New York Islanders' Thomas Vanek (26) drives the puck down ice to score a goal against Anaheim Ducks goalie Frederik Andersen during the second period of an NHL hockey game Saturday, Dec. 21, 2013, in Uniondale, N.Y. The Montreal Canadiens have confirmed that they have acquired Vanek from the Islanders for a second-round pick, a conditional fifth-round pick and prospect Sebastien Collberg. THE CANADIAN PRESS/AP/Kathy Kmonicek
MONTREAL - It has been rare in recent years for the Montreal Canadiens to make anyone say "wow" after an NHL trade deadline deal.
But that's what happened when they acquired Thomas Vanek from the New York Islanders on Wednesday.
"Wow, what great news for our team," said coach Michel Therrien, whose club was in Anaheim to play the Ducks. "I look at that move as a sign of confidence from (general manager) Marc Bergevin to the players, for the work they've put in since the start of the season.
"It's a really exciting addition. It's important for us to continue doing what we've been doing all year now. Thomas Vanek is a prolific scorer who can play on the right side or the left. We all know what he can bring to a power play, too."
In the six-foot-two 207-pound Vanek, considered the top "rental" player available and who can become an unrestricted free agent this summer, the Canadiens added an elite scorer to a lineup that was short on offensive punch.
He is to wear No. 20 in his first game as a Canadien on Thursday night in Phoenix. Therrien would not speculate on who his linemates will be, although it's expected he'll be on the wing with centre Tomas Pekanec.
The Canadiens sent Swedish prospect Sebastian Collberg and a conditional second round draft pick to the New York Islanders for Vanek and a conditional fifth rounder. The draft picks will only change hands if Montreal makes the playoffs.
"When you think of a hockey Mecca, Montreal is it," Vanek said on a conference call. "I played many times for Buffalo in Montreal and it's so electric. I'm super excited."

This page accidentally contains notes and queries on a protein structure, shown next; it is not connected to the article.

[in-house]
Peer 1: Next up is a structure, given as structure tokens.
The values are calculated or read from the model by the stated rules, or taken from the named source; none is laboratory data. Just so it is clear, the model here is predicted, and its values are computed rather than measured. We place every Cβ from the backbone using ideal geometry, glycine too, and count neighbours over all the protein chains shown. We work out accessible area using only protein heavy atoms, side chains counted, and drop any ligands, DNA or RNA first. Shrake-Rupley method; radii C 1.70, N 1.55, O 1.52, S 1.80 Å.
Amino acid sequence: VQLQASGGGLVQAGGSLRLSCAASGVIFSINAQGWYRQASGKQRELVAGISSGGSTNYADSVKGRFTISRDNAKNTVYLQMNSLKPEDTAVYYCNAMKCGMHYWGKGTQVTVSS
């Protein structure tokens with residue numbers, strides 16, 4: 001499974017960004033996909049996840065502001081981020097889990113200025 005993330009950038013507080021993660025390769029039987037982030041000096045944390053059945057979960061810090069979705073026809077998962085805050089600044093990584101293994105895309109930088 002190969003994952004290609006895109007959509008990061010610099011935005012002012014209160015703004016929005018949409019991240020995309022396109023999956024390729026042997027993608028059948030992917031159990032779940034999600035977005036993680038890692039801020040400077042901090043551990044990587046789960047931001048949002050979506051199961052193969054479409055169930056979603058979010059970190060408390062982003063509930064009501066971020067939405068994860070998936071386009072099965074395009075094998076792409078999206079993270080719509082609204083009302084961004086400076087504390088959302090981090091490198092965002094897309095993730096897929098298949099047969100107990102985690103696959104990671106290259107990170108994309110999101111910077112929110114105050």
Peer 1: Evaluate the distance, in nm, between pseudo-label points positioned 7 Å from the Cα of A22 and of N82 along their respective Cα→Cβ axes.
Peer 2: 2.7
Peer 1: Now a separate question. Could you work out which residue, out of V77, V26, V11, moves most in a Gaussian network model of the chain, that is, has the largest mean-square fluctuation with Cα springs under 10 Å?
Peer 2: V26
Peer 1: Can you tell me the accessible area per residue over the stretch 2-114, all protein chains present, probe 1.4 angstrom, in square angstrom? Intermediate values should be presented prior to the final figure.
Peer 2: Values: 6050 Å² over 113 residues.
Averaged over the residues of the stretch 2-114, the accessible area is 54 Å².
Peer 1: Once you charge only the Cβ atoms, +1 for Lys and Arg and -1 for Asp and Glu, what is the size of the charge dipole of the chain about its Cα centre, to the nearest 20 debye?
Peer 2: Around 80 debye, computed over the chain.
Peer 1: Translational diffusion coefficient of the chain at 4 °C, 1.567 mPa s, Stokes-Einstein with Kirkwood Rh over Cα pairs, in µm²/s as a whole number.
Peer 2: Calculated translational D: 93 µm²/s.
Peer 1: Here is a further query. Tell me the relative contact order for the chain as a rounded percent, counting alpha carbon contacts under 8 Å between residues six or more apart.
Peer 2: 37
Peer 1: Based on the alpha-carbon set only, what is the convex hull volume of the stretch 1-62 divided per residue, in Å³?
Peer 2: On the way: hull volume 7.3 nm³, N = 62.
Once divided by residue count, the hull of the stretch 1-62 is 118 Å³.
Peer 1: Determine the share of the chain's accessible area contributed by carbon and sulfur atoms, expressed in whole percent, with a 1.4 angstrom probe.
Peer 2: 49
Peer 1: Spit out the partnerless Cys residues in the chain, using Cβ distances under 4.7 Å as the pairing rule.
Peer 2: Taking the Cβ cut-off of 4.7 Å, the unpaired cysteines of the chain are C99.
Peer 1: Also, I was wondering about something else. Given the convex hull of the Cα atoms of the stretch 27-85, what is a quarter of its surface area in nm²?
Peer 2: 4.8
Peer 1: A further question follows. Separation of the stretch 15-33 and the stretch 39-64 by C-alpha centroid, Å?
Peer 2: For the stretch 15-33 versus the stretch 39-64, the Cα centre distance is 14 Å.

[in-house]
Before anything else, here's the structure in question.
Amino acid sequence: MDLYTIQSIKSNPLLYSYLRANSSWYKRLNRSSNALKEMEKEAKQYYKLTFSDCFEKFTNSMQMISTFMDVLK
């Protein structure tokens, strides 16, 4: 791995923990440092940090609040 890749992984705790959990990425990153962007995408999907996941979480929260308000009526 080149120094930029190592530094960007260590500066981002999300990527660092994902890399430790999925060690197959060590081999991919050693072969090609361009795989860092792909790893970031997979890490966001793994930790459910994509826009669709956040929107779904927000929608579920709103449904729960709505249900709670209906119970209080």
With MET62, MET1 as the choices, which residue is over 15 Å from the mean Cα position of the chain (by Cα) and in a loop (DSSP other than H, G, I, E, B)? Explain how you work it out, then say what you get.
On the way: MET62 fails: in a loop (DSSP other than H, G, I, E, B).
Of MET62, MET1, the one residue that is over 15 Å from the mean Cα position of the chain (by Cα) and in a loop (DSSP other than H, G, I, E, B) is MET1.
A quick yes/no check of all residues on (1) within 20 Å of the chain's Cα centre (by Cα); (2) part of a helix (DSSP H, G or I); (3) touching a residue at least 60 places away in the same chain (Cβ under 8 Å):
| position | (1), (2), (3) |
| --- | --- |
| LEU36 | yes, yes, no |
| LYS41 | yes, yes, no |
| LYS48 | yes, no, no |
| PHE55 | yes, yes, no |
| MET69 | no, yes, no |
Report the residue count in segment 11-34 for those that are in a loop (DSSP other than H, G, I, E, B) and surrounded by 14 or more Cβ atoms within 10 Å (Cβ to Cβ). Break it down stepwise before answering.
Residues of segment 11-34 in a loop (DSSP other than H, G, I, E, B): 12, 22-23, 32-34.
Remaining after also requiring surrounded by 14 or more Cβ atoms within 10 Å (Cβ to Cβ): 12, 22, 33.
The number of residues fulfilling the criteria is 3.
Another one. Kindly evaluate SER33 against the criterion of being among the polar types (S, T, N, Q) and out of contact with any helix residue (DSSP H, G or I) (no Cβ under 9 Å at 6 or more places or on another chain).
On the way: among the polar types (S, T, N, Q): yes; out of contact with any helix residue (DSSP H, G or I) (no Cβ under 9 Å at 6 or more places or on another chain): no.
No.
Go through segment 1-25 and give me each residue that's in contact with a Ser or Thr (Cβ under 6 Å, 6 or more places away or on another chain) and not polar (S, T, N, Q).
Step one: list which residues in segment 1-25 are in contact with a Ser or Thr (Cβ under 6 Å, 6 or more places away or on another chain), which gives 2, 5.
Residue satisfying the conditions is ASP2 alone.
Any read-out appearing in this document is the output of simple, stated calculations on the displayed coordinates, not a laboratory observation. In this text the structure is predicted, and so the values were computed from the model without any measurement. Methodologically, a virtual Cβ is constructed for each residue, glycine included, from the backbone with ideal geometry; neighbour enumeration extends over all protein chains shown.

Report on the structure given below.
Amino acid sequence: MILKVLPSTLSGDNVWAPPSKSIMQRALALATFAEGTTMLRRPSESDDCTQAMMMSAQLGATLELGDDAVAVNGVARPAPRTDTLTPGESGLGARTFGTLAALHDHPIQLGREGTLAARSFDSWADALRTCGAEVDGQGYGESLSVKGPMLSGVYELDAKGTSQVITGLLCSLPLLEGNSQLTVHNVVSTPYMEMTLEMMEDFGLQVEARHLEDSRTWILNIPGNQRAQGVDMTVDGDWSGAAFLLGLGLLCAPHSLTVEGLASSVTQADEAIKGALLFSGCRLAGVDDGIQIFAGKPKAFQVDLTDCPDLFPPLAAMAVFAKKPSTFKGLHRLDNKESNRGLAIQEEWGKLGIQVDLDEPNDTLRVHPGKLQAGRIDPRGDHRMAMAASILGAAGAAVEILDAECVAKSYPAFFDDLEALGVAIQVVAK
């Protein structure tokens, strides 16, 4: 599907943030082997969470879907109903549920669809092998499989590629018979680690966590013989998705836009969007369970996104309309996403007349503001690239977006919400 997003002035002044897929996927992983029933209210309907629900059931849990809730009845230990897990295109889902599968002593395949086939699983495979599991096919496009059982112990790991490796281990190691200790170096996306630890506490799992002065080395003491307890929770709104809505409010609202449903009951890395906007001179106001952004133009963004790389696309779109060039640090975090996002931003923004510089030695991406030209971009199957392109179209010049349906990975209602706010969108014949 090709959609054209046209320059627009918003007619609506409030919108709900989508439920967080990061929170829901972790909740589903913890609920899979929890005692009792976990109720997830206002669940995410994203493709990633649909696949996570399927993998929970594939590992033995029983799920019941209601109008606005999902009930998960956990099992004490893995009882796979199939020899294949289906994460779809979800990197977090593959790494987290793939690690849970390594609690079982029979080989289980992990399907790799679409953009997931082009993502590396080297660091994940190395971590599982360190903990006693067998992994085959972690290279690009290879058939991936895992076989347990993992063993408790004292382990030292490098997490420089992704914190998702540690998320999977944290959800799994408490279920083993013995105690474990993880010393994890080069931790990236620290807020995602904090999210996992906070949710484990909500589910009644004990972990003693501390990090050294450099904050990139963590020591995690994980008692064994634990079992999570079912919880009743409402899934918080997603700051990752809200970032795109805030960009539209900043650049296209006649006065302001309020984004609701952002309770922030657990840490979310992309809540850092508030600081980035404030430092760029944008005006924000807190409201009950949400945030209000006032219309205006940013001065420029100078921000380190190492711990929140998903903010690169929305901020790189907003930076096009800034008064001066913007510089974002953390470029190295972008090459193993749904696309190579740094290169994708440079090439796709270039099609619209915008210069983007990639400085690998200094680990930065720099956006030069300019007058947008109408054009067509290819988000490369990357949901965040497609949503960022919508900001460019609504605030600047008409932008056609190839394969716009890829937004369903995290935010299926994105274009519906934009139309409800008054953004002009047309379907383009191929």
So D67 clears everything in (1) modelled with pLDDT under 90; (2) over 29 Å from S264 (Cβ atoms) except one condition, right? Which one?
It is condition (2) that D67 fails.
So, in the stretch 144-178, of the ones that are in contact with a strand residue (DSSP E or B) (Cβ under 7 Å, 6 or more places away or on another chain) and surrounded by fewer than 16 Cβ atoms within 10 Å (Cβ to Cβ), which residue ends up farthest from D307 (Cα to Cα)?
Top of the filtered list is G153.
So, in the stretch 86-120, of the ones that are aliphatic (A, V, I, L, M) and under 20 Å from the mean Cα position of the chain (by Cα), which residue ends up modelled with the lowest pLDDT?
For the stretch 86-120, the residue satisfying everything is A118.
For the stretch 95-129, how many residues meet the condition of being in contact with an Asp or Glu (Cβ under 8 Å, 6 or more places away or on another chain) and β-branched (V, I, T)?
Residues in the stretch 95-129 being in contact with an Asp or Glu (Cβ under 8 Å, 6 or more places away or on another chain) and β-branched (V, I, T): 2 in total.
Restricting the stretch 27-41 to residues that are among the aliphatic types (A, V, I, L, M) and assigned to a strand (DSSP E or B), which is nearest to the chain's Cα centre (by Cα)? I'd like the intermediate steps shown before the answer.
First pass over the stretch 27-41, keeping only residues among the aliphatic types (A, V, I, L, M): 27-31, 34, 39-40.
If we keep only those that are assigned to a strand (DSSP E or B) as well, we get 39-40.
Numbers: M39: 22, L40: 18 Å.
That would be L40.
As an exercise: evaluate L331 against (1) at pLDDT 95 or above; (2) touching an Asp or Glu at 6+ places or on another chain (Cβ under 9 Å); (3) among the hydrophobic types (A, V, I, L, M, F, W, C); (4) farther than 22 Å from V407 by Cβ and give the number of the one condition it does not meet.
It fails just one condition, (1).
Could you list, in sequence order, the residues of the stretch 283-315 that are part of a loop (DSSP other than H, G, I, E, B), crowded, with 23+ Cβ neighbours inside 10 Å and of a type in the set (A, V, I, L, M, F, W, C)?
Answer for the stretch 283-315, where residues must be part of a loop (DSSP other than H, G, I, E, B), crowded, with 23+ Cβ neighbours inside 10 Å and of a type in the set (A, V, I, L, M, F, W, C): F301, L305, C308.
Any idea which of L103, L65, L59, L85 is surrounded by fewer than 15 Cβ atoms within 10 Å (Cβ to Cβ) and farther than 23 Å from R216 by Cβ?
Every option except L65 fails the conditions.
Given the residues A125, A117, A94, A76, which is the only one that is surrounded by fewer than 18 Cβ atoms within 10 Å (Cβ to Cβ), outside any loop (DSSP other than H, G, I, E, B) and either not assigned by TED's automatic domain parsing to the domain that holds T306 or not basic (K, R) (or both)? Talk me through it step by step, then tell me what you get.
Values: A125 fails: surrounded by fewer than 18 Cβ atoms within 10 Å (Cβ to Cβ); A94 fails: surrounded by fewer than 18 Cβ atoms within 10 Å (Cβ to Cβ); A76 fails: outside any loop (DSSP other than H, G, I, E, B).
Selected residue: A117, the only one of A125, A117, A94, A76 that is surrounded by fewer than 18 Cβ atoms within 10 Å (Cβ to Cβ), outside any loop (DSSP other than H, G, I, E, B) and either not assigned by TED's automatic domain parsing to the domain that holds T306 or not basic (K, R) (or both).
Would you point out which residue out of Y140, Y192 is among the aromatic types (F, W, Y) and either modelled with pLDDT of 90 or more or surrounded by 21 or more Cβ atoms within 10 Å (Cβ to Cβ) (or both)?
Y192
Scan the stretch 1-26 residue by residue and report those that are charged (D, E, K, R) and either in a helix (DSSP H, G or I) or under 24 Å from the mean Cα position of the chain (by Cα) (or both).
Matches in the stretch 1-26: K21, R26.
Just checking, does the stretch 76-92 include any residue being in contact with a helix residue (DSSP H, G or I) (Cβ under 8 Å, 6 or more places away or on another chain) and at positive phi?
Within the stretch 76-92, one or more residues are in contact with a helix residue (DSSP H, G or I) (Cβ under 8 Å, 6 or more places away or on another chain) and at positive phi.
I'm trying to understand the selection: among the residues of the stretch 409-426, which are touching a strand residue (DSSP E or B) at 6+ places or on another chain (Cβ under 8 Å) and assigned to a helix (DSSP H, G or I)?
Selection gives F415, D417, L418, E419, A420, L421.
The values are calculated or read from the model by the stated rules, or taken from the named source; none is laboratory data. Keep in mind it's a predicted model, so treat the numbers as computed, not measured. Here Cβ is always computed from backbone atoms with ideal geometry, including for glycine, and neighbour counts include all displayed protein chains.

The 30-year-old would not speculate on whether he would seek a new contract to stay in Montreal after this season.
"It's been a tough year for me and my family," said the married father of three who has been traded twice this season. "I knew there was a chance we'd move again. Now it's over and I'm a Montreal Canadien and I can just focus on hockey and helping that team win a lot of games."
The deal should boost Montreal's chances of making a long playoff run in a year in which the NHL Eastern Conference is considered wide open for any team that gets hot at the right time.
Vanek said he likes what he's seen of the Canadiens, especially with the Canadian Olympic team's Carey Price in goal, who he said is on the same level as former Buffalo star goalie Ryan Miller.
Only cosmetic moves were expected by Montreal at the deadline, but they ended up making three deals in the final two days, plus their Feb. 3 acquisition of checking forward Dale Weise from the Vancouver Canucks for defenceman Raphael Diaz.
The Canadiens picked up 35-year-old depth defenceman Mike Weaver from the Florida Panthers on Tuesday for a 2015 fifth round pick.
And they had fans in anguish for a moment when they got goaltender Devan Dubnyk from Nashville for future considerations, but the team said fears that it meant that Price's lower body injury was more serious than anticipated were unfounded.
Dubnyk was assigned to AHL Hamilton. Price skated briefly for a second day in a row on Wednesday morning and remains listed as day to day.
Vanek instantly became the Canadiens' leading scorer with 53 points and their highest paid forward with a salary cap hit of US$7.142 million. He is in the final season of a $50-million, seven-year contract.
Vanek was picked fifth overall by Buffalo in 2003. He had his best season in 2006-07 with 43 goals and 84 points.
With his contract up at the end of that season, he signed an offer sheet with the Edmonton Oilers for $50 million over seven years, which the Sabres were forced to match.
This season, he was named a co-captain of the Sabres with Steve Ott, but only 13 games into the campaign, he was dealt to the Islanders for sniper Matt Moulson plus conditional first and second round picks.
He thrived on a line with John Tavares and Kyle Okposo, picking up nearly a point per game.
But on Feb. 4, Vanek rejected a contract offer from New York (reportedly another seven years at $50 million) in order to test the free agent market. That—and Tavares' season-ending injury at the Olympics—left the Islanders little choice but to trade him.
Islanders general manager Garth Snow liked the deal even if he felt teams dealing players weren't getting as much in return this year as they have on past deadline days.
Collberg was drafted 33rd overall by Montreal in 2012. A quick forward, he has so far struggled to score with Frolunda in Sweden's top league with three goals and six assists in 40 games.
"We've liked him for a few years," said Snow. "We projected him as a potential first rounder. Great speed, great hands. He has the potential to be a top-six forward. There's also a potential second rounder. It was a good day in that regard in trying circumstances."
In 645 career NHL games with the Islanders and Sabres, Vanek has 271 goals and 270 assists.
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